For many years, corn farmers have lobbied lawmakers for protection and subsidies, and this has created an overwhelming abundance of corn. Because there is so much of the grain, scientists have worked out many ways to use the abundant staple, to prevent wasting it, and to maximize profits. One of these, high fructose corn syrup, is now in a majority of the items we consume. But they also decided to start feeding the corn to cattle animals that are supposed to eat grass. There is a by-product of this new practice; e-coli bacteria. When the cattle eat this feed, they have a higher chance of creating the bacteria. And the fact they are contained in small lots, with barely enough room to move around, standing knee deep in their own feces for hours every day, doesn't help the situation.
Why do we raise the majority of the cattle in this country in such a fashion? Because the fast food industry (McDonalds purchases the most ground beef in the world) wants cheap beef. If they can feed the cattle more cheaply, those savings are passed on to the large chains and are then passed on to the consumer through "Dollar" and "Value" menus.
These are just two of the stories the film follows in detail. Providing a lot of information, the filmmakers connect the dots to illustrate why our food production system is in need of some drastic changes.
If we don't change it, we are going to continue to get sick, some of us will continue to die. And it is all preventable.
Why do we allow it to continue? A handful of very large companies control all of the production of our processed foods. They lobby Congress and the Senate, getting the lawmakers to protect them. They don't have to do anything about it. When there is an outbreak, they make some minor changes, but as we saw from the E-Coli outbreak in hamburger, it happened a few times and will no doubt happen again.
People are getting the message. Organic foods, farmer's markets and grocery chains like Whole Foods are becoming more and more prevalent popping up to meet the needs of a growing, more selective clientele.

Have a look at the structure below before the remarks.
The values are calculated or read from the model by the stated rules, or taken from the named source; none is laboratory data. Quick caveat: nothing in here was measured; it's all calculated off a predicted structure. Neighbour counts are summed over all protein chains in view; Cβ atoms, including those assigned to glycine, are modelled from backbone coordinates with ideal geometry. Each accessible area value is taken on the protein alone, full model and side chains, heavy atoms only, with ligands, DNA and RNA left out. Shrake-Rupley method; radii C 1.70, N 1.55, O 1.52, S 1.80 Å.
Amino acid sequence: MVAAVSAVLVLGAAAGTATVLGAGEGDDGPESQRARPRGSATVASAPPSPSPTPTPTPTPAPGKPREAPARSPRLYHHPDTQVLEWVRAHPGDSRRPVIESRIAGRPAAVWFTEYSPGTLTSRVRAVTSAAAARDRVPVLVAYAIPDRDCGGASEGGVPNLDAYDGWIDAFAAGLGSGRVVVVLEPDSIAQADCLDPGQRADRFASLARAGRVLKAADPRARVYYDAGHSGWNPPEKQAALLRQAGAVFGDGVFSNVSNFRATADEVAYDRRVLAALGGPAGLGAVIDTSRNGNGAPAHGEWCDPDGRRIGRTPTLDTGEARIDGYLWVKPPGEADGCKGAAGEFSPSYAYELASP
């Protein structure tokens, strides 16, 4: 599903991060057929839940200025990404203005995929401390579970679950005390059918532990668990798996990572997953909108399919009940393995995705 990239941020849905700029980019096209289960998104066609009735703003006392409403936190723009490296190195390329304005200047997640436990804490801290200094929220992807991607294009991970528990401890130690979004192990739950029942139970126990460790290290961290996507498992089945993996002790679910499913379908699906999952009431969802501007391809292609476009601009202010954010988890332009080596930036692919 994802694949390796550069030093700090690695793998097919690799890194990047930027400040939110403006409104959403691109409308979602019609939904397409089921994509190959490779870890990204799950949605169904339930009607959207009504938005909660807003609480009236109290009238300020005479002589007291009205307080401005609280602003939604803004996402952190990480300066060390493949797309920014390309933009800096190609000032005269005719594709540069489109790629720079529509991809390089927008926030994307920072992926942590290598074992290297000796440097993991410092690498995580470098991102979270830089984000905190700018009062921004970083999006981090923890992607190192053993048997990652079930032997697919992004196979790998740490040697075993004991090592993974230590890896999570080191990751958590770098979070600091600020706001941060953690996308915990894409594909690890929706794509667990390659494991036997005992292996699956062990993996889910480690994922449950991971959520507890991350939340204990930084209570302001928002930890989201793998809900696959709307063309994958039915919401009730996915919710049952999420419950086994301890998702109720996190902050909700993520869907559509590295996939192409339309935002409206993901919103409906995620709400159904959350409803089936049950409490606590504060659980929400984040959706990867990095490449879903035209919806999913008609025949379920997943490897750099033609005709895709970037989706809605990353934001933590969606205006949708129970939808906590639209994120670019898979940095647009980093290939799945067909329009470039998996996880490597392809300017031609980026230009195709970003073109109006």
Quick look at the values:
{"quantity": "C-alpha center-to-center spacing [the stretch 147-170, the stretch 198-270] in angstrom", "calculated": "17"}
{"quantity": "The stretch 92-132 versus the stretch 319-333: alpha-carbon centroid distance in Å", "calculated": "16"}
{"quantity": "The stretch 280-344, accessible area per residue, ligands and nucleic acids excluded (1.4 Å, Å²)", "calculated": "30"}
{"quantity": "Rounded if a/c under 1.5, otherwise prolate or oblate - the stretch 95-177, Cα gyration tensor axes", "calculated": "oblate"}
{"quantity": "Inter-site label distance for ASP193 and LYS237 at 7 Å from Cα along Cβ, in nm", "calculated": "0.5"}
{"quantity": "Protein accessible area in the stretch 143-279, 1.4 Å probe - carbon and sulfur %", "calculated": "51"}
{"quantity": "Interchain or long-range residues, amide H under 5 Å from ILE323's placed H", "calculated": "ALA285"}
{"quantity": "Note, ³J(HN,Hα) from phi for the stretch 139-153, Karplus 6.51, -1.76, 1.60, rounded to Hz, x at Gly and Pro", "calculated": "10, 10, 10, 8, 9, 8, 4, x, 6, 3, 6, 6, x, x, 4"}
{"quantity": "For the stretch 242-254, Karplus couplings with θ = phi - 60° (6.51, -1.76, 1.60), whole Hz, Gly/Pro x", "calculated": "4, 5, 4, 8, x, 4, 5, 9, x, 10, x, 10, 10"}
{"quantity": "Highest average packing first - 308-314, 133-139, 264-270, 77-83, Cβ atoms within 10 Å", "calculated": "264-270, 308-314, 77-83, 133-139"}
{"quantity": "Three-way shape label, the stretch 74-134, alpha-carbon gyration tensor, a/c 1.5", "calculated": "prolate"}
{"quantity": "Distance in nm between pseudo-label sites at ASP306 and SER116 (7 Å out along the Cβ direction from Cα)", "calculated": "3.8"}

Are you getting the message?
Or do you still want that hamburger that only costs $1?
on May 2, 2009
Robert Kenner's movie is a perfect illustration of F. William Engdahl's book `Seeds of Destruction', which explains how international agribusinesses are trying to monopolize vertically and horizontally (and profit from) food production on a world scale.
The world's food chain is built mainly on heavily subsidized and, therefore, cheap corn. In fact, all humans chew corn the whole day long from bread over meat (all animals are fed with corn) to deserts and drinks. Transnational corporations are even trying to learn fish to eat corn. Corn becomes nearly a food monoculture.
A particular transnational company even developed through genetic engineering highly efficient corn seed which it patented, thereby creating a nearly seed monopoly. Buyers cannot use the produce of the seeds as plant seed for future harvests. The company's own inspection force controls with hawk eyes that its clients buy new genetically modified seed every year. Some of the company's supporters and former directors occupy key positions in US governments and government administrations (FDA).
The movie shows the disastrous effects of intensive farming on animals, as well as the health and environmental risks of diminished standards at livestock farming and slaughtering houses.
Fortunately, some biological farmers show more respect for their animals and for their clients.
At the end of the movie, the makers give a perfect list of recommendations for those wishing to eat `healthy' food.
This movie is a must see for all those who want to understand the world we live in.
on April 25, 2009
What can be more important than the food you eat? This is the movie that the American public needs to see. This movie deals with issues that each and every one of us faces every day--without even knowing it. Covering all sorts of food-related issues, from animal cruelty to the agricultural triumph of corn, this movie will leave you more informed than you were before, and will empower you to make a difference, at least in your own buying habits.